“In the months prior to this date workers in the thousands were drawn into the struggle for the shorter day and an end to unsafe and underpaid work. Skilled and unskilled, black and white, men and women, native and immigrant were all becoming involved” (struggle.ws); thus, it was very important for the “powers that be” damper May Day solidarity, which became an internationally known and celebrated holiday, and giving a new definition to arrival of Spring.

“They also were encouraged by the growing labor movement and populist politics sweeping the nation as immigrants poured into the U.S. looking for a better life and found only backbreaking exploitation in dirty, unsafe factories. Power brokers took notice of the show of force that day and, while it would take decades for workers to have true rights and safety on the job, that first May Day was a milestone for unity and justice for workers everywhere. May Day would become an annual tradition that would lead to an International Workers Day holiday celebrated throughout the world today” (uaw.org).

“In the U.S., that holiday came in for particular contempt during the anti-communist fervor of the early Cold War. In July of 1958, President Eisenhower signed a resolution named May 1 “Loyalty Day” in an attempt to avoid any hint of solidarity with the “workers of the world” on May Day. The resolution declared that it would be “a special day for the reaffirmation of loyalty to the United States of America and for the recognition of the heritage of American freedom” (time magazine).

“We need revolutionary politics. That means politics that can lead us towards a genuine socialism where freedom knows no limit other than not interfering with the freedom of others. A socialism that is based on real democracy – not the present charade where we can choose some of our rulers, but may not choose to do without rulers. A real democracy where everyone effected by a decision will have the opportunity to have their say in making that decision. A democracy of efficiently co-ordinated workplace and community councils. A society where production is to satisfy needs, not to make profits for a privileged few. Anarchism.”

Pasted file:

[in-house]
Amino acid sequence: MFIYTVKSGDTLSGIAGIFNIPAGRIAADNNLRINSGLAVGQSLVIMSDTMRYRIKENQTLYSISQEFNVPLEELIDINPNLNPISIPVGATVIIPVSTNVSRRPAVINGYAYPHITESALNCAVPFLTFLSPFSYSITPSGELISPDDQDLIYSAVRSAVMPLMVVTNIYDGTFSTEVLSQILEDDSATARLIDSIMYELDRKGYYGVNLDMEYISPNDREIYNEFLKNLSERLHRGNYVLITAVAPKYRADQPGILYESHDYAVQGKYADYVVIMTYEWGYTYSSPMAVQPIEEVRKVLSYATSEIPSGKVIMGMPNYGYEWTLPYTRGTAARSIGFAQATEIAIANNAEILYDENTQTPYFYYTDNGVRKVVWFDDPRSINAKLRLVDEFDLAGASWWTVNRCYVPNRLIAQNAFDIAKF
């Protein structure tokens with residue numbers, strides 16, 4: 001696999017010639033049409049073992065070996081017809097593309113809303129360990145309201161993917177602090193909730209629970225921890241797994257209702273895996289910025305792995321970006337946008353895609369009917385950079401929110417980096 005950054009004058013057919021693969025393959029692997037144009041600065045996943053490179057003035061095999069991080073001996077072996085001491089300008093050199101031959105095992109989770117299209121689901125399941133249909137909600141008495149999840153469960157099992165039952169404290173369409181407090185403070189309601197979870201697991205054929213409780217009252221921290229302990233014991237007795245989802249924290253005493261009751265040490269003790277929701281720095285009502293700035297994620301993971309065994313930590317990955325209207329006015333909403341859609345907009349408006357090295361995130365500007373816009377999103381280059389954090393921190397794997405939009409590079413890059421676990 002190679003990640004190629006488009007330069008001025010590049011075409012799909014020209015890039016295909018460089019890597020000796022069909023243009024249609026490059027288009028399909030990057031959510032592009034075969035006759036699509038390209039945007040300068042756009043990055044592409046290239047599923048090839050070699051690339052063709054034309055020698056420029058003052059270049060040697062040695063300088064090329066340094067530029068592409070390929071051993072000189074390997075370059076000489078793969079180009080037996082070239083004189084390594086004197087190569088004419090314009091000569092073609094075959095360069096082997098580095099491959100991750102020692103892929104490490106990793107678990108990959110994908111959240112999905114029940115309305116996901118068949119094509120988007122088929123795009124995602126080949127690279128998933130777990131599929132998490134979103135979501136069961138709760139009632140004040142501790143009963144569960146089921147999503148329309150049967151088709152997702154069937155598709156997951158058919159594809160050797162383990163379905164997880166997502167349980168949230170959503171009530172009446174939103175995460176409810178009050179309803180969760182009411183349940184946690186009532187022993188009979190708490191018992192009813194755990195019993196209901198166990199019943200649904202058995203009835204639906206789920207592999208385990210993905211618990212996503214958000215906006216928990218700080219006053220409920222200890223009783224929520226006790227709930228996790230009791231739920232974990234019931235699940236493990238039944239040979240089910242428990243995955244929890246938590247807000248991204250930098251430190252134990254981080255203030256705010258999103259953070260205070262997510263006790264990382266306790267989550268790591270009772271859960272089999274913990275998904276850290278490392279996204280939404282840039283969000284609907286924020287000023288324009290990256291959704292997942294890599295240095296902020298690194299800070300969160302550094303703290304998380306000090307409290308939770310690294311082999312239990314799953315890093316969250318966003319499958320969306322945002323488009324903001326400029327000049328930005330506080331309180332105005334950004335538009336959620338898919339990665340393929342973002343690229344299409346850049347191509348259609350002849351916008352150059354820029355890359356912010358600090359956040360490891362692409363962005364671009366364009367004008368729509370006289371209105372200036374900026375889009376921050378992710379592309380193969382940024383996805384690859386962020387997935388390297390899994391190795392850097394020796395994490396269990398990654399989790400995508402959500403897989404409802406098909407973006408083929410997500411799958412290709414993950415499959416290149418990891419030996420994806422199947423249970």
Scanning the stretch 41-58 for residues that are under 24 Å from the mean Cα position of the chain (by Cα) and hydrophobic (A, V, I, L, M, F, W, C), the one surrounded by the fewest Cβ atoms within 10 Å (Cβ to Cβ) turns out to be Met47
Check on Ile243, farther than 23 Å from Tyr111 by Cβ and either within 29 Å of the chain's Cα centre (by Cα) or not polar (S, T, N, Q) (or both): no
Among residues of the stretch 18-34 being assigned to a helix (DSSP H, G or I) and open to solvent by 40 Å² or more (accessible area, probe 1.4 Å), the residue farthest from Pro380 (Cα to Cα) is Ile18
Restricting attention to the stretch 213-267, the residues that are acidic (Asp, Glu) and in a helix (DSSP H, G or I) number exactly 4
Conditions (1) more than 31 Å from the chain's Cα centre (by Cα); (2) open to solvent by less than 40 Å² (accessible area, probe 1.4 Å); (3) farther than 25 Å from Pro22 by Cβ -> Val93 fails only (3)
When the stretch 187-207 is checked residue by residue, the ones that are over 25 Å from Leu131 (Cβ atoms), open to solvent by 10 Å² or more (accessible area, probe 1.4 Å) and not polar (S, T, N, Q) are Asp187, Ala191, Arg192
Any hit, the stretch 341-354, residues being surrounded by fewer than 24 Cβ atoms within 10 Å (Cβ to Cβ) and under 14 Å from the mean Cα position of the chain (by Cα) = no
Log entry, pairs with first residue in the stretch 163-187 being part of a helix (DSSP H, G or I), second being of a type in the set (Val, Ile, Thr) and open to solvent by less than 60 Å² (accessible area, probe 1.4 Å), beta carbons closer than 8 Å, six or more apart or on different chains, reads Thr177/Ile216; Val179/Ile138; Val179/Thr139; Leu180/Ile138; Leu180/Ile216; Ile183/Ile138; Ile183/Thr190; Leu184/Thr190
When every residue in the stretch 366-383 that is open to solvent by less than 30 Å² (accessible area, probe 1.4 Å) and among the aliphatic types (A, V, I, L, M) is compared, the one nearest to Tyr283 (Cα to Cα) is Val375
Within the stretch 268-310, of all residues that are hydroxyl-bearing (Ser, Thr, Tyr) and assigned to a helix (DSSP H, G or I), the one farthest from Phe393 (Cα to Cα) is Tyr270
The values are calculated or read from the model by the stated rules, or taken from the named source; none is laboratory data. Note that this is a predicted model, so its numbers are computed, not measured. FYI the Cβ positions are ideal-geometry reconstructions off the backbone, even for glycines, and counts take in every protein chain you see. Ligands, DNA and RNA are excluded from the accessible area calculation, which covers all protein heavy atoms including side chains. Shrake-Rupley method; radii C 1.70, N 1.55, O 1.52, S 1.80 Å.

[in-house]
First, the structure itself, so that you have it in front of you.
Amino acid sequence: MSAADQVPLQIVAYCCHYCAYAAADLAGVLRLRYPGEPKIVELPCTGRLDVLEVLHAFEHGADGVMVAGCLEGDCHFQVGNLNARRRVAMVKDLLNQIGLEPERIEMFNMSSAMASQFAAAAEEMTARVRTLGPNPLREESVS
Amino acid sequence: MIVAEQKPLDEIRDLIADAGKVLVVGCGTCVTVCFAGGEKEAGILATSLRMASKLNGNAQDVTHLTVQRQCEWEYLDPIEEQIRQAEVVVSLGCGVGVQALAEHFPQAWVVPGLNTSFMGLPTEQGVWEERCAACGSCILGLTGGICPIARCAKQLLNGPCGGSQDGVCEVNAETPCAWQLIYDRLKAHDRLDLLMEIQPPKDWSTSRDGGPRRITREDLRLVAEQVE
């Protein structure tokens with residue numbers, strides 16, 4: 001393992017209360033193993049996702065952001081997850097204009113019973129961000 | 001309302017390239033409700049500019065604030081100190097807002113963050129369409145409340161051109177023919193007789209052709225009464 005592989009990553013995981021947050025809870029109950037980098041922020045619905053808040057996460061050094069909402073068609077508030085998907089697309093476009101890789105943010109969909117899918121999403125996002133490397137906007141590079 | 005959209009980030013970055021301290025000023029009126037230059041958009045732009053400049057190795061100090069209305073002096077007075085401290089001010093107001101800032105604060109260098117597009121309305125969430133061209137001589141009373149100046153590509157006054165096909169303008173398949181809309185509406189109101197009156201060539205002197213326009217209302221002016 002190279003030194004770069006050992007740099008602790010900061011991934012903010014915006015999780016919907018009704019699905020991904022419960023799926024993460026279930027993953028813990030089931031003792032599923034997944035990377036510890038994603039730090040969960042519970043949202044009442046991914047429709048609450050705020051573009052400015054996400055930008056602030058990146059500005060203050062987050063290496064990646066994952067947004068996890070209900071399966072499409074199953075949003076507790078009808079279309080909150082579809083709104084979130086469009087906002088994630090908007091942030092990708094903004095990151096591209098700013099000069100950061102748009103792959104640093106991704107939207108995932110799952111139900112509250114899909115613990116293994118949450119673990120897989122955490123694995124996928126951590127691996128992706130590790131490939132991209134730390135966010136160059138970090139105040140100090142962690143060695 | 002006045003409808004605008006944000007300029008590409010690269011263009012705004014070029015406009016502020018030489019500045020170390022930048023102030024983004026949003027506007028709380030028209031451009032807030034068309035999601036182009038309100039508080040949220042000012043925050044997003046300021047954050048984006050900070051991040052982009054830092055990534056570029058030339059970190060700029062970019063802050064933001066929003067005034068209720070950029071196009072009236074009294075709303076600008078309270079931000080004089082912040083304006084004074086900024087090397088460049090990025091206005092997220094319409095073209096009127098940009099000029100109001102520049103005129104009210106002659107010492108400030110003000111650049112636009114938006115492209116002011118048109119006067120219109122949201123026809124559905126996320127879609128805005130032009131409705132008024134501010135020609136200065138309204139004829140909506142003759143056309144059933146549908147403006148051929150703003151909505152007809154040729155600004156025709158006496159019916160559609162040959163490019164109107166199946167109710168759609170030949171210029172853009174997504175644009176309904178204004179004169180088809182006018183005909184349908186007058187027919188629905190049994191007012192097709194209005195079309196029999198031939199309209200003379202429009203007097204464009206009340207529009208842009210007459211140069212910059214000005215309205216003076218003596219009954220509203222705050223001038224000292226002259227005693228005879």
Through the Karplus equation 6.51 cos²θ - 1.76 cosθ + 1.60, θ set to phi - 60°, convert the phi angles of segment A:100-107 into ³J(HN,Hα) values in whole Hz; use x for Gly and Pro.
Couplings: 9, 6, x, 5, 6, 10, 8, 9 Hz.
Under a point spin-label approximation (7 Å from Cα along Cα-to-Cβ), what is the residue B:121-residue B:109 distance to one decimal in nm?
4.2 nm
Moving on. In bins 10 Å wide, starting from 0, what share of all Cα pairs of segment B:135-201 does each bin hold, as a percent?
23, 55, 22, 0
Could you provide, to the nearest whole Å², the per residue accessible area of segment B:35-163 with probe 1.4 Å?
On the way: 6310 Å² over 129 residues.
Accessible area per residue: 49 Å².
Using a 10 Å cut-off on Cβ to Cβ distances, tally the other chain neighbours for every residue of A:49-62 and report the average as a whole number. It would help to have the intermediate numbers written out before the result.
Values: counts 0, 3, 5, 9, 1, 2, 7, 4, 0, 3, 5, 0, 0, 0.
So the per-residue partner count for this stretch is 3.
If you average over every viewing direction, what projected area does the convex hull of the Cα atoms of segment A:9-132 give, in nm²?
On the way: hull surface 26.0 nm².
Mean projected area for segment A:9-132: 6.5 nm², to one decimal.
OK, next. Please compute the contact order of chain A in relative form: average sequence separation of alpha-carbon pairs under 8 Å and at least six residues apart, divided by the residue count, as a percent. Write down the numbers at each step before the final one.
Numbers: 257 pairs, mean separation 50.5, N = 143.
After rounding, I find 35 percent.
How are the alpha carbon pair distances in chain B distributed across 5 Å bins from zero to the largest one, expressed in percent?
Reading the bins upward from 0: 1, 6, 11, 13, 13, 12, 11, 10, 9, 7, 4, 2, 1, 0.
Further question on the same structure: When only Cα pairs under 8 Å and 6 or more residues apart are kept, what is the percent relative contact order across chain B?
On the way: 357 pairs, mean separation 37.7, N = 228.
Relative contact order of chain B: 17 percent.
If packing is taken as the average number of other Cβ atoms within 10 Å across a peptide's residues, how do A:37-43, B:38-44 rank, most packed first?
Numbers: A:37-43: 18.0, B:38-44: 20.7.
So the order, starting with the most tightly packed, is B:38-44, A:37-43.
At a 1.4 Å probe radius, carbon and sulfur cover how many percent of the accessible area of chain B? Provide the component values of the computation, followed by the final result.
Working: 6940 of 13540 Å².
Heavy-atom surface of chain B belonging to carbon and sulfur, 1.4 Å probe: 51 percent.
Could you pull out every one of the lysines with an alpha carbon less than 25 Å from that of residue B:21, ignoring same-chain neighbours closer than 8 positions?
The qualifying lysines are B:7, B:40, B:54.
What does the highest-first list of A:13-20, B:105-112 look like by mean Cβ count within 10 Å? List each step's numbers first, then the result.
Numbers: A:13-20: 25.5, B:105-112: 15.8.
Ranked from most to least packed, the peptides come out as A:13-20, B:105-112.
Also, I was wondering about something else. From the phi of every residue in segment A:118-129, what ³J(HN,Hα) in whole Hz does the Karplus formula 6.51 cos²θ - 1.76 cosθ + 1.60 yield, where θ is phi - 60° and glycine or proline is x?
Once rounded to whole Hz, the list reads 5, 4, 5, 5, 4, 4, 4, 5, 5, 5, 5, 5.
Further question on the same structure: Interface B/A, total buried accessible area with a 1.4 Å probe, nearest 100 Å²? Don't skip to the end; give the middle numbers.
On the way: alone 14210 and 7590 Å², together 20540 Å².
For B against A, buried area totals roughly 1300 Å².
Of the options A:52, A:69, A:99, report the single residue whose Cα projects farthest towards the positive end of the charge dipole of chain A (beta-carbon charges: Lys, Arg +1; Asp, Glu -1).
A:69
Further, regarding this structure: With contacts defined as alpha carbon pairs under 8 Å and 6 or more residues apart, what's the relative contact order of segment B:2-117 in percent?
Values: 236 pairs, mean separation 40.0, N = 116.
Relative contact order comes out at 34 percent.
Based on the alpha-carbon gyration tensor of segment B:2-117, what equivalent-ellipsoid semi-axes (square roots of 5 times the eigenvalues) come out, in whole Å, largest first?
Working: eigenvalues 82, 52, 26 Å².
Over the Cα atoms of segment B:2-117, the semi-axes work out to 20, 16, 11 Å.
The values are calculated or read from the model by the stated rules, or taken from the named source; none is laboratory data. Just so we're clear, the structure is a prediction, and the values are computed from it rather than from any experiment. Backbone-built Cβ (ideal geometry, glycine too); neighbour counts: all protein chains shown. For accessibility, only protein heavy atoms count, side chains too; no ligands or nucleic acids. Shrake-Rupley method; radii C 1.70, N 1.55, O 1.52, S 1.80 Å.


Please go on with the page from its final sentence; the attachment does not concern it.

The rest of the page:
Read more about the Anarchist roots of May Day and download printable leaflets here: http://www.struggle.ws/about/mayday.html

Sources:
http://www.struggle.ws/about/mayday.html
https://time.com/3836834/may-day-labor-history/
https://uaw.org/first-may-day-on-may-1-1886/

About kelleybrannonprojects

From 2012, new 'About' coming soon. In the meantime, please enjoy this nostalgia from my life five years ago: I am an artist, writer, researcher, filmmaker, photographer, playwright, actor, and director in Ridgewood, Queens. I know that might seem like a lot of things to be so I should say I experiment in a variety of disciplines and mediums; concepts and absurdities. I studied in The Studio for Interrelated Media at Massachusetts College of Art. I moved to the area in June 2010 after graduating. CURRENT PROJECTS: Since moving to NYC I've been feeling pulled back to my first loves: writing and theater; and the surreal, emotional, and abstract. I am also very involved with radical politics and I'm particularly interested in blending internal and external structures. I wrote a semi-surreal one act play called "The Rootless: A Play About America" last year which divulged the madness of capitalism and was performed at The Producer's Club with Love Creek Productions. I recently wrote another one act play called "The Thousand Lives of a Nomad" which is a story about the task, escape, and intrigue of continually making new lives in different places. The story is told through the lens of a 33 year-old woman originally from Finland and now residing in Brooklyn. It's staged to be a "live animation" of sorts and, personally I think it's both funny and thoughtful. On-going projects include a constant evolving series of smoke drawings, a documentary about the business behind social media and Facebook; hope of rekindling my love affair with large format photography, and a perpetual mid-life crisis...